2014-2015 Projects » Women into non-traditional industries and occupations

It’s time to TradeUp – by TradeUp Australia – an eS4W Member Organisation

Go girl: School-based strategies to encourage girls and young women into non-traditional occupations

Many innovative careers’ guidance practices and initiatives in Australian schools are resulting in good outcomes for girls and young women and a report into current models of careers’ exploration available for  girls and young women will be released by economic Security4Women (eS4W) on 19th August in Perth.

Programs and initiatives that focus on broadening career options for girls are challenging persistent gender based stereotyping and negative perceptions about the experiences of young women in non-traditional occupations. These programs can impact positively not only on the long-term future of individual women, but also on the Australian economy.

eS4W chair, Sandra Cook, welcomed the findings of the report.

“Our member organisations are committed not just to increased workforce participation by women and girls, but to see them working in careers with skill sets that are highly valued, transportable, flexible and adaptable to the changing needs of industry – all contributing to their lifelong economic security”, she said.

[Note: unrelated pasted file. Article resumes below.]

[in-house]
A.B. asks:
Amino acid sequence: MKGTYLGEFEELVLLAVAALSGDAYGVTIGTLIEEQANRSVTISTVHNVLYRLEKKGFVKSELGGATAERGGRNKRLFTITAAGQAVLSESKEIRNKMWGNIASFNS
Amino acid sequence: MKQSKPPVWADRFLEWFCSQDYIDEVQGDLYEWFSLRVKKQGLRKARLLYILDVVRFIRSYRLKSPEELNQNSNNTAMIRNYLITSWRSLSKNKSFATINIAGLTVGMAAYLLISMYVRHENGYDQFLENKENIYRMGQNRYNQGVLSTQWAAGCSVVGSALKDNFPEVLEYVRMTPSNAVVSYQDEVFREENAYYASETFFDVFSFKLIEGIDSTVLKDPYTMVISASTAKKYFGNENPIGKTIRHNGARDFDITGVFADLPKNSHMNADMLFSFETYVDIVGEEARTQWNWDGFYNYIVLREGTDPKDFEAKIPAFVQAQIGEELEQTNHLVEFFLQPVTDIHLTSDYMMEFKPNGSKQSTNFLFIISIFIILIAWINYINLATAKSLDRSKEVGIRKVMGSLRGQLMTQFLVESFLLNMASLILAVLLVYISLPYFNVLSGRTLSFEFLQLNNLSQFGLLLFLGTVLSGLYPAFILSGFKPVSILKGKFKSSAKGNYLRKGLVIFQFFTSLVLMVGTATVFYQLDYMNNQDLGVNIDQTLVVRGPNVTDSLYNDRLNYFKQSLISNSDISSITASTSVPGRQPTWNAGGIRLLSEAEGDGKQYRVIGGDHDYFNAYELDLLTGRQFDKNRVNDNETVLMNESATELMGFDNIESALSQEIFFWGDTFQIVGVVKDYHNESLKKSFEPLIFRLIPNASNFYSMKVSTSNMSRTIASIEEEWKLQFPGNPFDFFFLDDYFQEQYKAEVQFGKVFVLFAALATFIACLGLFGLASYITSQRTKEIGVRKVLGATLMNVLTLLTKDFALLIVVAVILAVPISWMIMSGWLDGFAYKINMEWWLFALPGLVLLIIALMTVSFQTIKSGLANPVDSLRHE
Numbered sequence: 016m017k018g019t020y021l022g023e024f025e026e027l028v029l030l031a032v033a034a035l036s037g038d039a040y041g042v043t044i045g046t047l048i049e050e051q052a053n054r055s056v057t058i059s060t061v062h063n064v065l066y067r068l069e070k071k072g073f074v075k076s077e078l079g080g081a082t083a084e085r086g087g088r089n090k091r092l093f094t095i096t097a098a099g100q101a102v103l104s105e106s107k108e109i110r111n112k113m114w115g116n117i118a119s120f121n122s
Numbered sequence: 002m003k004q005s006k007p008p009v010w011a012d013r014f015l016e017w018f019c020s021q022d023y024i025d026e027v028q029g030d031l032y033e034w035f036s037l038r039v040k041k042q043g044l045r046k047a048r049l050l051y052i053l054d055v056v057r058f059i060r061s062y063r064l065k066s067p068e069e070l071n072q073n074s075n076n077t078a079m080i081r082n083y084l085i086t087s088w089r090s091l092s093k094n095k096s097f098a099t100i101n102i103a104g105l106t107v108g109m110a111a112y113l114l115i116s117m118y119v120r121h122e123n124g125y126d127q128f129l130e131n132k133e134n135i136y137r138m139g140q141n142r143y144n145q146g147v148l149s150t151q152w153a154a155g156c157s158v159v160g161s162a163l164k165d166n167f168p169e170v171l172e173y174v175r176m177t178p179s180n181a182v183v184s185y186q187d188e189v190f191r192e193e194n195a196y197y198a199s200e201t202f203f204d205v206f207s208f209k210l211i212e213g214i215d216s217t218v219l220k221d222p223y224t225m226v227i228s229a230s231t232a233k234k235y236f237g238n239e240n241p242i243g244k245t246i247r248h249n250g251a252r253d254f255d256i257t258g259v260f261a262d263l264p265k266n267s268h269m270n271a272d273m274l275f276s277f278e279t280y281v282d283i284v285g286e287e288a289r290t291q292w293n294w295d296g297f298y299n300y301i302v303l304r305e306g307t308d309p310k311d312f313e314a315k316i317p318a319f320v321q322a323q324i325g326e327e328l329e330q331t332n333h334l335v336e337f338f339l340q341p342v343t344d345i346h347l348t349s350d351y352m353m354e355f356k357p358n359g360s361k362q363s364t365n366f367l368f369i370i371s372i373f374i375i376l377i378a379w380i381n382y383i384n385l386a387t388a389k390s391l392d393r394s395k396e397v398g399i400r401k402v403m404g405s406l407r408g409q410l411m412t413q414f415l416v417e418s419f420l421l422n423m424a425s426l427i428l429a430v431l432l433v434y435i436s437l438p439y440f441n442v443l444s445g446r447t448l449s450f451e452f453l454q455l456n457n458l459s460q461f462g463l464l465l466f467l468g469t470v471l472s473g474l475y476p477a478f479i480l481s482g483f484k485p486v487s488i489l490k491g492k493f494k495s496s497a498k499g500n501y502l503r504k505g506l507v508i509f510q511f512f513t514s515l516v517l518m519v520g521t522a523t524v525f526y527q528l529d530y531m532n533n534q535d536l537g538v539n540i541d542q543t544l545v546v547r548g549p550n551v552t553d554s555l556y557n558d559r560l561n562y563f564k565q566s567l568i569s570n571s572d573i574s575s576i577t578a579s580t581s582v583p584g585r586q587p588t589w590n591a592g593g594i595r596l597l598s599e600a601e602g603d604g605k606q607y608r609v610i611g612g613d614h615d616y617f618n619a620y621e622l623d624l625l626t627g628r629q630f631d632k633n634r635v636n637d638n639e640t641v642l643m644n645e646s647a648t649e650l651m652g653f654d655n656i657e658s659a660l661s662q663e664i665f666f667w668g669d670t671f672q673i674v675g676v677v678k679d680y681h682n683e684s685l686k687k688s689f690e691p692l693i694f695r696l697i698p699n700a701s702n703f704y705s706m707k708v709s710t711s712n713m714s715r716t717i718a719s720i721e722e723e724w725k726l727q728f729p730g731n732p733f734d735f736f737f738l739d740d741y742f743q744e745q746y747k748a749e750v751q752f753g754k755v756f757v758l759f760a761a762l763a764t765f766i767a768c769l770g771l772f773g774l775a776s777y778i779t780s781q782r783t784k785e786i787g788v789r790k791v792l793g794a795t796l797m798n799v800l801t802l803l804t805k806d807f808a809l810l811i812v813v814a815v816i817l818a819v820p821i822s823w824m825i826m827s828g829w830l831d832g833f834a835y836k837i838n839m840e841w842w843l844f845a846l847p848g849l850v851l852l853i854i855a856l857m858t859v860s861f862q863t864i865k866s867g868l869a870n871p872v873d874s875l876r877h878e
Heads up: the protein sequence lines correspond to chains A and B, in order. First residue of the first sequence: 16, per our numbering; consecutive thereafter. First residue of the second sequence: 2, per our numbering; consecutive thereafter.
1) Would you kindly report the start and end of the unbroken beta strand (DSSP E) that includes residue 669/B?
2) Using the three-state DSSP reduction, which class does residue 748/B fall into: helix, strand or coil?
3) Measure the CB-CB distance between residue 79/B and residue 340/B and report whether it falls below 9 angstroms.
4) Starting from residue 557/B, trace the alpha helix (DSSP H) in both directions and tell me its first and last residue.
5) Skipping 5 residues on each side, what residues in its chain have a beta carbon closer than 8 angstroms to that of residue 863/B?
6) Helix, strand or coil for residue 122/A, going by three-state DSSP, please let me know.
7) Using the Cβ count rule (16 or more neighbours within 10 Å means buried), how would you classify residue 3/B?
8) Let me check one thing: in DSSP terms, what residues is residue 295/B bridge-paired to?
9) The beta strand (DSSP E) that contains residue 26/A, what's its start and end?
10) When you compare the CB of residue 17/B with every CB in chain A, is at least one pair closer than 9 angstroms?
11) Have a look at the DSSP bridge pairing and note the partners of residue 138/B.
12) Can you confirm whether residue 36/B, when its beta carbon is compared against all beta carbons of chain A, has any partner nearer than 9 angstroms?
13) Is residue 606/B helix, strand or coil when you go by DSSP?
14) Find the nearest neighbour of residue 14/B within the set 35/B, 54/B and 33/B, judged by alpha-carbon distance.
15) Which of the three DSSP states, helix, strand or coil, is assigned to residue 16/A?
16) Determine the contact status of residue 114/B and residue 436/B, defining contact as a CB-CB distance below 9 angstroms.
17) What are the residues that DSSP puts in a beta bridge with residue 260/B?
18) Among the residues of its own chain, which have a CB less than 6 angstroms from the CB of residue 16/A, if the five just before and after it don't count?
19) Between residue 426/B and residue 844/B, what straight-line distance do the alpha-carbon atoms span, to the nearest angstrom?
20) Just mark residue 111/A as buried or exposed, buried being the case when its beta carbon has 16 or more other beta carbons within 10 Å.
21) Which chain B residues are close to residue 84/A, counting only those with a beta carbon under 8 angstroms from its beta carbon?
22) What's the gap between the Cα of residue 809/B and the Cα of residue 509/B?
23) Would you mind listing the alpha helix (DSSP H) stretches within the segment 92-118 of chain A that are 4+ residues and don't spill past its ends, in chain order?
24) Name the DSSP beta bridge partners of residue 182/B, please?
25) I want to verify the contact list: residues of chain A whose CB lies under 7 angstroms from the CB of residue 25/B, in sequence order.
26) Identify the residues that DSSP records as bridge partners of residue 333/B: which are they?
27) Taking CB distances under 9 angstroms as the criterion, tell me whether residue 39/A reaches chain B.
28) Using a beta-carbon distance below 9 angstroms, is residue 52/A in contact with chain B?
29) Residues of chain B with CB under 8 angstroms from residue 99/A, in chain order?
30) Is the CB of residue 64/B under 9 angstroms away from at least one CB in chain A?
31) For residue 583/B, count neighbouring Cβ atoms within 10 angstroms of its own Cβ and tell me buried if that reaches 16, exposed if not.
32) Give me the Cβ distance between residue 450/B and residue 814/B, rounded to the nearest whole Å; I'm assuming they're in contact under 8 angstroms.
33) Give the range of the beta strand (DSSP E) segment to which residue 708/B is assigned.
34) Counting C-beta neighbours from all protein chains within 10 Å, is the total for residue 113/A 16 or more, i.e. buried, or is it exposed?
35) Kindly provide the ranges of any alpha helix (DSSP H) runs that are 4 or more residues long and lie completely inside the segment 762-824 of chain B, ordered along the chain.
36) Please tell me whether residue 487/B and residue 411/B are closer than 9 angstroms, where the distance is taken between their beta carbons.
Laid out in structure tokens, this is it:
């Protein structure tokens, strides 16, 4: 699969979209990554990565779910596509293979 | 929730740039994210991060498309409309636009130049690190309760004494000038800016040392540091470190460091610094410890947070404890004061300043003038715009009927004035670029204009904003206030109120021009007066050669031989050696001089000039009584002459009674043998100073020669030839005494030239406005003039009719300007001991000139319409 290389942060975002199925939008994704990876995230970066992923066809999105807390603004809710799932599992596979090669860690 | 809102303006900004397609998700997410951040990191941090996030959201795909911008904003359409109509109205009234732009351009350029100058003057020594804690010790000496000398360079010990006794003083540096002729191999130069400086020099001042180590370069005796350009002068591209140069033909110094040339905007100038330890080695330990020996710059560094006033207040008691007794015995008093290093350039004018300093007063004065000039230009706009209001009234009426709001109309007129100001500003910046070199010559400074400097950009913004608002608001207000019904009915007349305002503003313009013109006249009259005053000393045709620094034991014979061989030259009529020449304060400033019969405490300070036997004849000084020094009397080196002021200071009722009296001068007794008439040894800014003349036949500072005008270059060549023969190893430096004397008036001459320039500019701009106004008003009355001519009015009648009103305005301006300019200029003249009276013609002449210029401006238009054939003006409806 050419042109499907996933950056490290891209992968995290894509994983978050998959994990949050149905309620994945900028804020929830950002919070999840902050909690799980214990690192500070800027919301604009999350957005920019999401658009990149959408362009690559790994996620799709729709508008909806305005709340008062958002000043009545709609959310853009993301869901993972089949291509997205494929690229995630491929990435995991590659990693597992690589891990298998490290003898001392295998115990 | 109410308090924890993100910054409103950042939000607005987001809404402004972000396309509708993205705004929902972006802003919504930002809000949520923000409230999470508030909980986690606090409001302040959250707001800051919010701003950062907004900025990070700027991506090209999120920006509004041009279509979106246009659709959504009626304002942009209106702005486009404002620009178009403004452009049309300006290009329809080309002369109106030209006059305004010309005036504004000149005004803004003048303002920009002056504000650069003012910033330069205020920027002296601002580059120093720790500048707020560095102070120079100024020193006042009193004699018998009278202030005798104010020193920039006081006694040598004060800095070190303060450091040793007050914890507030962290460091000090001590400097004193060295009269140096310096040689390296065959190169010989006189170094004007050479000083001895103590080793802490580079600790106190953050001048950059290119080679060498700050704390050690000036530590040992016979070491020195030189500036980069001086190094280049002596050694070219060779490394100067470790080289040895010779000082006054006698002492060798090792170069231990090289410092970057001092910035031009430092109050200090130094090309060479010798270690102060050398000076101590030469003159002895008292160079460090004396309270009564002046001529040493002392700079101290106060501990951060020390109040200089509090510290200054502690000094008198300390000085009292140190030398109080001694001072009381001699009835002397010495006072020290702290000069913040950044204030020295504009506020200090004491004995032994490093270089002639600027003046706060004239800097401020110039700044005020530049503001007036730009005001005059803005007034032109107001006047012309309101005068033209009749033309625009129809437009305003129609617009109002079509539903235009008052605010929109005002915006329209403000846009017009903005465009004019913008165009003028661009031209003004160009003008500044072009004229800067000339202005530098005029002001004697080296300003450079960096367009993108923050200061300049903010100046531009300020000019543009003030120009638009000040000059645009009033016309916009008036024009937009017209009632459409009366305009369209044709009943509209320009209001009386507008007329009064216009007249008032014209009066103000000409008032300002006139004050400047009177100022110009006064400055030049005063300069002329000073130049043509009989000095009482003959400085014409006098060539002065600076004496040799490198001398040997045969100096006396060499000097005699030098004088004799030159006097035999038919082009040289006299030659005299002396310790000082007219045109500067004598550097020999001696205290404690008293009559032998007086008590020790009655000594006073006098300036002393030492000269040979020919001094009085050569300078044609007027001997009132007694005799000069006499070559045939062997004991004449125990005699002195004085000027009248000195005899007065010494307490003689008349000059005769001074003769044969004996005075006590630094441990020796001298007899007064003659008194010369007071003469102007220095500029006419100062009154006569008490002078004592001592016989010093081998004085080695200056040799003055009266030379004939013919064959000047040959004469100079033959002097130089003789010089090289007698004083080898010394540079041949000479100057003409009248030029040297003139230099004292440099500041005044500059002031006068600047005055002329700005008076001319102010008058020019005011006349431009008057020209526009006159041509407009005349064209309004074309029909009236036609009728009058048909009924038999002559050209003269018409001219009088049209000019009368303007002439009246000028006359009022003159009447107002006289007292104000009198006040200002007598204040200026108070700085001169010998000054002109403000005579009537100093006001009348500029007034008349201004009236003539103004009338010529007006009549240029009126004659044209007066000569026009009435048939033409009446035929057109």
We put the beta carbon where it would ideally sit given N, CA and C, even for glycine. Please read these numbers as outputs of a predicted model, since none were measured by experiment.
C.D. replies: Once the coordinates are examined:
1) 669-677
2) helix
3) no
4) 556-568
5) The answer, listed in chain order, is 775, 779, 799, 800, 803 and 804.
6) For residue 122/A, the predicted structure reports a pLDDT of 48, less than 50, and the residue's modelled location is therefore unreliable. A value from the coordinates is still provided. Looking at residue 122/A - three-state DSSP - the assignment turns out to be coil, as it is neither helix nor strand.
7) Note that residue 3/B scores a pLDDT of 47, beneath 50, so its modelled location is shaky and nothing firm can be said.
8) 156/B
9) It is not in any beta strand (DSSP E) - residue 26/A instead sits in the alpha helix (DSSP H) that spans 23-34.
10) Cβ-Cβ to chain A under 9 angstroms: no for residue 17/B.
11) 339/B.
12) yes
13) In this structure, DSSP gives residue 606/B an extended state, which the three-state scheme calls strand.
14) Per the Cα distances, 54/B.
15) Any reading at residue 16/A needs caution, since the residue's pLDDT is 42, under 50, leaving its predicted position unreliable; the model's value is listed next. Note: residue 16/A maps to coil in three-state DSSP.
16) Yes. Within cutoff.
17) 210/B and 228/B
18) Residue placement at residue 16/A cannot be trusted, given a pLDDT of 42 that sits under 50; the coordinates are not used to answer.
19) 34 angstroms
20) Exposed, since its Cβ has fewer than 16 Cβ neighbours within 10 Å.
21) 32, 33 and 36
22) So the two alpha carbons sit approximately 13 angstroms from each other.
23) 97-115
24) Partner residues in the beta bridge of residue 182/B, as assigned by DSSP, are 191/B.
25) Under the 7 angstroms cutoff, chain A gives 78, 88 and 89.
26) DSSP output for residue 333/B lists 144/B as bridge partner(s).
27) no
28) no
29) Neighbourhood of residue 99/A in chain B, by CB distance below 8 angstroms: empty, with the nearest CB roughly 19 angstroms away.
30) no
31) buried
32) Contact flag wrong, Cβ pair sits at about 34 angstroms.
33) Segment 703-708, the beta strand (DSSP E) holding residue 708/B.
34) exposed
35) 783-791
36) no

The report found successful programs to be characterised by the following approaches:

  • Career exploration opportunities for girls and young women to ‘taste’ and experience non-traditional and STEM (science, technology, engineering & maths) occupations prior to and during their senior secondary years of schooling
  • Female role models and mentors from non-traditional occupations and industries that broaden the career expectations of young women
  • Industry-led partnerships that invite and support career exploration by young women, as well as long-term participation in non-traditional careers and industries
  • Promotion of support networks for young women working in non-traditional workplaces
  • Career exploration opportunities early in girls’ schooling that encourage reflection on their skills and interests and explore relevant options in a broad range of occupations, industries and workplaces.
  • Partnerships between schools, educational institutions, industries and communities to assist girls and young women into non-traditional study and work placement opportunities.

eS4W is a National Women’s Alliance that aims to inform actions to increase female participation in non-traditional occupations and industries. eS4W is concerned about the impact of gender segregation in the labour force on women’s lifetime earnings.


The Report:



The Case Studies:

Case Studies


The Brief: